The second-seeded Purdue Boilermakers moved on to the Big Ten Tournament semifinals Friday night with a 69-61 win over the seventh-seeded Northwestern Wildcats.
It was anything but easy for Purdue. The Wildcats built an 11-point first-half lead, and hung around all night against the talented Boilermakers. However, Purdue’s superior talent and trademark defensive tenacity proved too much. Star juniors E’Twaun Moore and JaJuan Johnson carried Purdue to victory.
Moore poured in 28 points, tying his career high, and Johnson added 22 despite early foul trouble that forced him to the bench.
Northwestern stars Michael Thompson and John Shurna had a rough night. Shurna led the Wildcats with 16 points, but struggled from outside, shooting just 1-for-5 beyond the arc. Late in the game, both Thompson and Shurna seemed worn out by the Boilermakers’ physicality, particularly Thompson, the point guard who often was forced to help cover a big man down low in Northwestern’s 1-3-1 zone.
Early on, it was Northwestern’s game. Johnson picked up his second foul with 14:41 left in the first half and Purdue trailing 11-4. The Wildcats would build a 17-6 advantage with Johnson out of the game, but two-time Big Ten Defensive MVP Chris Kramer helped out inside, and Moore kept the Boilermakers close. During the first half, the silky-smooth, explosive junior guard hit four 3-pointers and scored 16 points to help Purdue chip away at the deficit it faced. The Boilers outscored the Wildcats 28-13 over the final 10:26 of the first half, and trailed only 34-30 at halftime.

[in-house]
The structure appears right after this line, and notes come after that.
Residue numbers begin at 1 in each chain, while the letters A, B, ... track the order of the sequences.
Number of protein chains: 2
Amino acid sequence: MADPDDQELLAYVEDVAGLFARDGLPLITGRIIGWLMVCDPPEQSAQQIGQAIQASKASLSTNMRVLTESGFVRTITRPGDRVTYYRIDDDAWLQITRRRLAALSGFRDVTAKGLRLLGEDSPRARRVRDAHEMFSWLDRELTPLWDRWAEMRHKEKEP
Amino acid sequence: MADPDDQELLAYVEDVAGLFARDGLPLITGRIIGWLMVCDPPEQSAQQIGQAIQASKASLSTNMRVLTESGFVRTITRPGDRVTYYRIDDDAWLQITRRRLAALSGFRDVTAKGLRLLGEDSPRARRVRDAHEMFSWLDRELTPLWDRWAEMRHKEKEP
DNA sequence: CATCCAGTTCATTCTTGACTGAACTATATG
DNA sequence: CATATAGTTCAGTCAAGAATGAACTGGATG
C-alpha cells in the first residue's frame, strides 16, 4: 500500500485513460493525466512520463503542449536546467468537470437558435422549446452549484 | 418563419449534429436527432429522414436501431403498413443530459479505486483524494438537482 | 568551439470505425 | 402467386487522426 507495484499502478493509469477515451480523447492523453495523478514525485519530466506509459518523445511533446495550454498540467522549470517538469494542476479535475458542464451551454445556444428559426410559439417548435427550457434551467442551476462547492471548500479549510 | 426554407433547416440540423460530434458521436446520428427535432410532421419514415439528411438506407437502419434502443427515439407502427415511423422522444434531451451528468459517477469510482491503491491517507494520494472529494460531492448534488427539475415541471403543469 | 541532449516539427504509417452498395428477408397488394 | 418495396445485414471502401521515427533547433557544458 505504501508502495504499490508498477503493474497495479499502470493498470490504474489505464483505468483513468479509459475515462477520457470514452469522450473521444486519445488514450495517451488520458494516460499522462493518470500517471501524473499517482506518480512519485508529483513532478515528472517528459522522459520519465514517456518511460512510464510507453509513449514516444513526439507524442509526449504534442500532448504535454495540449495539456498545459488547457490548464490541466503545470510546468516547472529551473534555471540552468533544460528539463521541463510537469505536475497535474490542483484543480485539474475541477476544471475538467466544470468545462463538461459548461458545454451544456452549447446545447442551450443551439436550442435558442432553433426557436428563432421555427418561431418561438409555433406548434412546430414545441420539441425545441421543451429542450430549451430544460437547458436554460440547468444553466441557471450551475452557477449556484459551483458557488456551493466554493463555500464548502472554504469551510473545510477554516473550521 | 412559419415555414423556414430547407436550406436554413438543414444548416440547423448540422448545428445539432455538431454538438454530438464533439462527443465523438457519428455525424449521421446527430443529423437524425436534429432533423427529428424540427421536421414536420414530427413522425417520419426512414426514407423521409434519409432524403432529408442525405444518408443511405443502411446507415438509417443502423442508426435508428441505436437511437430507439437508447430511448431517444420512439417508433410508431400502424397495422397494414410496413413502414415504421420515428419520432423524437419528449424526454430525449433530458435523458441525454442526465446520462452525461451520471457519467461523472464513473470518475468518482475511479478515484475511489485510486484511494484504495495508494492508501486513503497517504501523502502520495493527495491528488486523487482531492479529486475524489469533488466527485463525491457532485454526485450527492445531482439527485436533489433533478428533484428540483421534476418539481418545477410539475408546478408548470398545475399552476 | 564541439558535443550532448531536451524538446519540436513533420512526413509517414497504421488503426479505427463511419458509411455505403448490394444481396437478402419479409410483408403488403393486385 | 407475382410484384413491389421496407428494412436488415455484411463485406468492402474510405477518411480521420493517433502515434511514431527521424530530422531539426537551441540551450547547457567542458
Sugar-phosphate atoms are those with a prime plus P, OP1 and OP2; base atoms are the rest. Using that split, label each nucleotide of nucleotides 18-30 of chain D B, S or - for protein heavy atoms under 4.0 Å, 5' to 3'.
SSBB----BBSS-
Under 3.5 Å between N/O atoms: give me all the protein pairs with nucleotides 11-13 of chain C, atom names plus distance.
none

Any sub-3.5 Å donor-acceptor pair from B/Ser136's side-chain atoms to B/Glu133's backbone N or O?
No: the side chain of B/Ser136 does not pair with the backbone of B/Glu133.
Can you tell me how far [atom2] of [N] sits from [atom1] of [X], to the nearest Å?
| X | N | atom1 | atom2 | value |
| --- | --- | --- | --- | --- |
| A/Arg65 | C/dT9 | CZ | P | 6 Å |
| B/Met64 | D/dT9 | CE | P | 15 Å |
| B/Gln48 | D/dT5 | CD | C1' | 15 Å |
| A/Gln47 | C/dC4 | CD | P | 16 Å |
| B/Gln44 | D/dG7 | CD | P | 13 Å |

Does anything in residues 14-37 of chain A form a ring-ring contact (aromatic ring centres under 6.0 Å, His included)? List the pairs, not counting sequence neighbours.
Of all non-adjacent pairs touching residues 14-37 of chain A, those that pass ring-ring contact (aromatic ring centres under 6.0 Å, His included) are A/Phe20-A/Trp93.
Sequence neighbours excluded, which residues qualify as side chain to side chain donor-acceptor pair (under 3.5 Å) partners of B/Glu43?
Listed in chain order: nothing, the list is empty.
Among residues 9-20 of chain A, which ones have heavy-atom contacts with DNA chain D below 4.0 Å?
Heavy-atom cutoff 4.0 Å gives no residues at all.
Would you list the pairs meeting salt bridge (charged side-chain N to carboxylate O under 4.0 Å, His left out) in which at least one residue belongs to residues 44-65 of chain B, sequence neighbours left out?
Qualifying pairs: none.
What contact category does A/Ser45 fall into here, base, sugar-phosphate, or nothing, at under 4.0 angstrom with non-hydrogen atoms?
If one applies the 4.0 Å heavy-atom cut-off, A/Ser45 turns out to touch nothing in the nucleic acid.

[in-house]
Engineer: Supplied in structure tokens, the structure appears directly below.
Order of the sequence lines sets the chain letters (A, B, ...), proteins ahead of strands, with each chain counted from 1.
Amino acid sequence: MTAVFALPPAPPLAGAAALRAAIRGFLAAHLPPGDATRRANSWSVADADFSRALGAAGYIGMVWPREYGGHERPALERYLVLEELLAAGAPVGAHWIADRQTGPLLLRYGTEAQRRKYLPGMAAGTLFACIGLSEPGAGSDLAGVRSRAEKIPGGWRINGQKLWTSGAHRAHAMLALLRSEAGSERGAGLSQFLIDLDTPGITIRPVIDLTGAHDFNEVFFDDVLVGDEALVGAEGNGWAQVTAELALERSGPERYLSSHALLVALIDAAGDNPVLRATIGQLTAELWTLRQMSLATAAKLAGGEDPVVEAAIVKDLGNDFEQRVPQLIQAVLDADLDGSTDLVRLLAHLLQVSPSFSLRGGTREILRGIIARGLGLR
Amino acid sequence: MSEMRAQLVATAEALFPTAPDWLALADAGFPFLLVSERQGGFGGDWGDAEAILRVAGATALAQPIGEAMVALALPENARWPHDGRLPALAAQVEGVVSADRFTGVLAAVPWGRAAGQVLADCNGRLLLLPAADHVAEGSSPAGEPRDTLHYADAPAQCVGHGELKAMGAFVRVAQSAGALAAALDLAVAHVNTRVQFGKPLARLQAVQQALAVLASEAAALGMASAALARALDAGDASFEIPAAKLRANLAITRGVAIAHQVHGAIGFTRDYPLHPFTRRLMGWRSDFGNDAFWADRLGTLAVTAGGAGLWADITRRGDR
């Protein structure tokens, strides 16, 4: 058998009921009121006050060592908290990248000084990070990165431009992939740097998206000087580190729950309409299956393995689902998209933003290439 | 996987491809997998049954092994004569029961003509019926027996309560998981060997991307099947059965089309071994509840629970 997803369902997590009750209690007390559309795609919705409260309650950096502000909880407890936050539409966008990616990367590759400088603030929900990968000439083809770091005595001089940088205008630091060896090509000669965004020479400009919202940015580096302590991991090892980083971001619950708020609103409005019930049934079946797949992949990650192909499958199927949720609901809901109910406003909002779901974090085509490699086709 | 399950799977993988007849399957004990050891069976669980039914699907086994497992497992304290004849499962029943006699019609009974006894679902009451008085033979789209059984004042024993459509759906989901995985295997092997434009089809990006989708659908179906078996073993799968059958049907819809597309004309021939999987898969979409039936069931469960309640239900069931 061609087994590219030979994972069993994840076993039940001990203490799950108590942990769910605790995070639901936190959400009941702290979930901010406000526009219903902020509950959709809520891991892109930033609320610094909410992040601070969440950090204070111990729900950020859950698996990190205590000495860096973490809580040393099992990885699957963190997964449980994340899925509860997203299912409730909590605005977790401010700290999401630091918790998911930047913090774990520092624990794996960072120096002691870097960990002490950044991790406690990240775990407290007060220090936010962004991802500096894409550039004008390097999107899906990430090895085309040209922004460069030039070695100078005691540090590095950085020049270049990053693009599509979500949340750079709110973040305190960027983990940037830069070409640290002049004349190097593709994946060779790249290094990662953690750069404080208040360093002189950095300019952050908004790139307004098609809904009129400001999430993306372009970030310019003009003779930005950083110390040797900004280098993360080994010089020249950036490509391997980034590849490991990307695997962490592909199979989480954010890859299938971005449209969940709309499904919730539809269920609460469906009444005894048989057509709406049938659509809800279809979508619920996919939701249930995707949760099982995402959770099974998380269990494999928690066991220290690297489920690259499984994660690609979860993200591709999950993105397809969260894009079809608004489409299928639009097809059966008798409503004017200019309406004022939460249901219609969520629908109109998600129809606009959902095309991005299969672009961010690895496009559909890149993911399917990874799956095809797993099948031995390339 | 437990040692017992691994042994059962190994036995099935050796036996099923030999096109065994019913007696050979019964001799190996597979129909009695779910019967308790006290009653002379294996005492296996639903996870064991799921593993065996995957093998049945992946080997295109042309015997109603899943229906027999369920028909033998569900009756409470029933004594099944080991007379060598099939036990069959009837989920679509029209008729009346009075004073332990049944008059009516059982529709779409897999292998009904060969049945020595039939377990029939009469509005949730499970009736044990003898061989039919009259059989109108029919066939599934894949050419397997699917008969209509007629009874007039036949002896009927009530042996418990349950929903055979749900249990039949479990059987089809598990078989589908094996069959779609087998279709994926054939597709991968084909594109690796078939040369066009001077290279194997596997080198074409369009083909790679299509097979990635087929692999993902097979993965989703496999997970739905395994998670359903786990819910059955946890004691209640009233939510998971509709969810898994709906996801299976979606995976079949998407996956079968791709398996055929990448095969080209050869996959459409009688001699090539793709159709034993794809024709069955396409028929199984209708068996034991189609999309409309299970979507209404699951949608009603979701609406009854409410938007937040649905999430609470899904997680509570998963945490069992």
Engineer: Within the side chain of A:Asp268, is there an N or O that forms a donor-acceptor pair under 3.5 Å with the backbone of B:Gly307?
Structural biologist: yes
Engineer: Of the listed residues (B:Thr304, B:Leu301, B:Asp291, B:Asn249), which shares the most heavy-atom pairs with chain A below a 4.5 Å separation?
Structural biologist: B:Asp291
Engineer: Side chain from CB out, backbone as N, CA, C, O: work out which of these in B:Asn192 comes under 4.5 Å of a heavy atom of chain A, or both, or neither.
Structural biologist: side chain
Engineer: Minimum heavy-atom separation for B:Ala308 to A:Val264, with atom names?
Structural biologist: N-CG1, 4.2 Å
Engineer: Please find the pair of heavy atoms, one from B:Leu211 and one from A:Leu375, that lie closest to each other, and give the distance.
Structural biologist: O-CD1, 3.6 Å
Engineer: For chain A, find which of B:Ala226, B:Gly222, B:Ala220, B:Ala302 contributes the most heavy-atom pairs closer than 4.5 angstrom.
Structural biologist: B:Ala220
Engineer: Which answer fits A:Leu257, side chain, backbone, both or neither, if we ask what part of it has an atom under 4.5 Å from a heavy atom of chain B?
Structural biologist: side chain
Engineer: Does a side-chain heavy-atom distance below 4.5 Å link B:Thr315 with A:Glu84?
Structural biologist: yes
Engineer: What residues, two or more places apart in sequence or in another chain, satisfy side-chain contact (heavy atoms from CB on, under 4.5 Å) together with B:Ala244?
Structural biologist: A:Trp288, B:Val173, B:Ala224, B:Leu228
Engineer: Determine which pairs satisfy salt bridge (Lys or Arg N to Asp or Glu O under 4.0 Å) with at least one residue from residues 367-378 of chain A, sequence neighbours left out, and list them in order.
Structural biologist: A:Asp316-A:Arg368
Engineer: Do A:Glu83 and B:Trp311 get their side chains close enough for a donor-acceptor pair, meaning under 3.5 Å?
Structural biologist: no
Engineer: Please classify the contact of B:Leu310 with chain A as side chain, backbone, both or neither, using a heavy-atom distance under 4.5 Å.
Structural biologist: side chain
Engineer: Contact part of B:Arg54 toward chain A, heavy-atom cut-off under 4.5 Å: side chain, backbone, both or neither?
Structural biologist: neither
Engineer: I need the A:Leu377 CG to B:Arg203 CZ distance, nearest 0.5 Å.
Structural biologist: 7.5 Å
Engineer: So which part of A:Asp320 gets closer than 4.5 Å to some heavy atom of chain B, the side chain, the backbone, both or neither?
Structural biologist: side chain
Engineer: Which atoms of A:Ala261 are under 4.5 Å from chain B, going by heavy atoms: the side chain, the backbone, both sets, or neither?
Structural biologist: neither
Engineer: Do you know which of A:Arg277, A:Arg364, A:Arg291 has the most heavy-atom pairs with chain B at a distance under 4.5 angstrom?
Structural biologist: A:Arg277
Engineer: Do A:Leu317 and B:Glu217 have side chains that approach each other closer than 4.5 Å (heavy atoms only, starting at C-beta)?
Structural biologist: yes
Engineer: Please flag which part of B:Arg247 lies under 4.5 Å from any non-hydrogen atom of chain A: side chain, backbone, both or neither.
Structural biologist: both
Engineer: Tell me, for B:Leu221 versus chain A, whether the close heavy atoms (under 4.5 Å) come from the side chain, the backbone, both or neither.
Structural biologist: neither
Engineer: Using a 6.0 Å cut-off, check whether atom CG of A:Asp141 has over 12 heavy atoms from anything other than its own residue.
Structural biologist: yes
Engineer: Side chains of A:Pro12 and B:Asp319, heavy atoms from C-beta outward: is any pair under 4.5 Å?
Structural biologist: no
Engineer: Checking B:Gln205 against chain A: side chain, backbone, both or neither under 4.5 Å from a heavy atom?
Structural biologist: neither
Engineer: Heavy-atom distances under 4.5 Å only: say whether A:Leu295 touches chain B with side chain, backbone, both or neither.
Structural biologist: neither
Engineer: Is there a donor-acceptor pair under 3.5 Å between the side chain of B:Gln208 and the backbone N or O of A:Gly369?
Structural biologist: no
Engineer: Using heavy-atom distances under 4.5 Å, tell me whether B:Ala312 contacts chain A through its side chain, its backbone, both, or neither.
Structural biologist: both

Purdue took its first lead 1:02 into the second half when an offensive rebound by diminutive point guard Lewis Jackson led to a layup and three-point play by senior combo guard Keaton Grant. Indeed, vulnerability to offensive rebounds is an obvious weakness of the 1-3-1, and Purdue grabbed 15 total offensive boards against Northwestern’s zone, which helps explain how the Boilers were able to win despite a poor shooting performance.
Purdue led 45-43 when a rare mental lapse cost the Wildcats dearly. A dead-ball elbow by NU’s Luca Mirkovic during a Purdue free-throw attempt resulted in an intentional foul call, four free throws (Purdue made three), and a five-point possession, stretching the Boilermakers’ lead to 50-43.
The gritty Wildcats never went away, though. A Jeremy Nash 3-pointer improbably drew the Wildcats within one, 62-61, with 45.8 seconds left in the game, but Kramer’s driving layup and free throw restored the Boilermakers’ four-point edge, and Northwestern wouldn’t score again.
Purdue will face Minnesota on Saturday, because the Gophers upset third-seeded Michigan State in overtime.
Thanks to widespread early foul trouble, Purdue’s bench logged lots of pressure minutes against Northwestern. That could pay off on Saturday and beyond, and with the absence of star Robbie Hummel, the reserves will inevitably be tested for the Boilermakers.
That said, Johnson must stay out of foul trouble. Freshman Patrick Bade probably won’t be able to handle Golden Gopher big men Ralph Sampson III and Colton Iverson.
The defensive tenacity that gave Purdue its hard-fought quarterfinal win will make the Boilermakers a tough opponent for whomever they face for the rest of the weekend. Matt Painter’s young bench players lack offensive polish, but are more than willing to D up. They’ll need to do just that against Minnesota’s stable of shooters.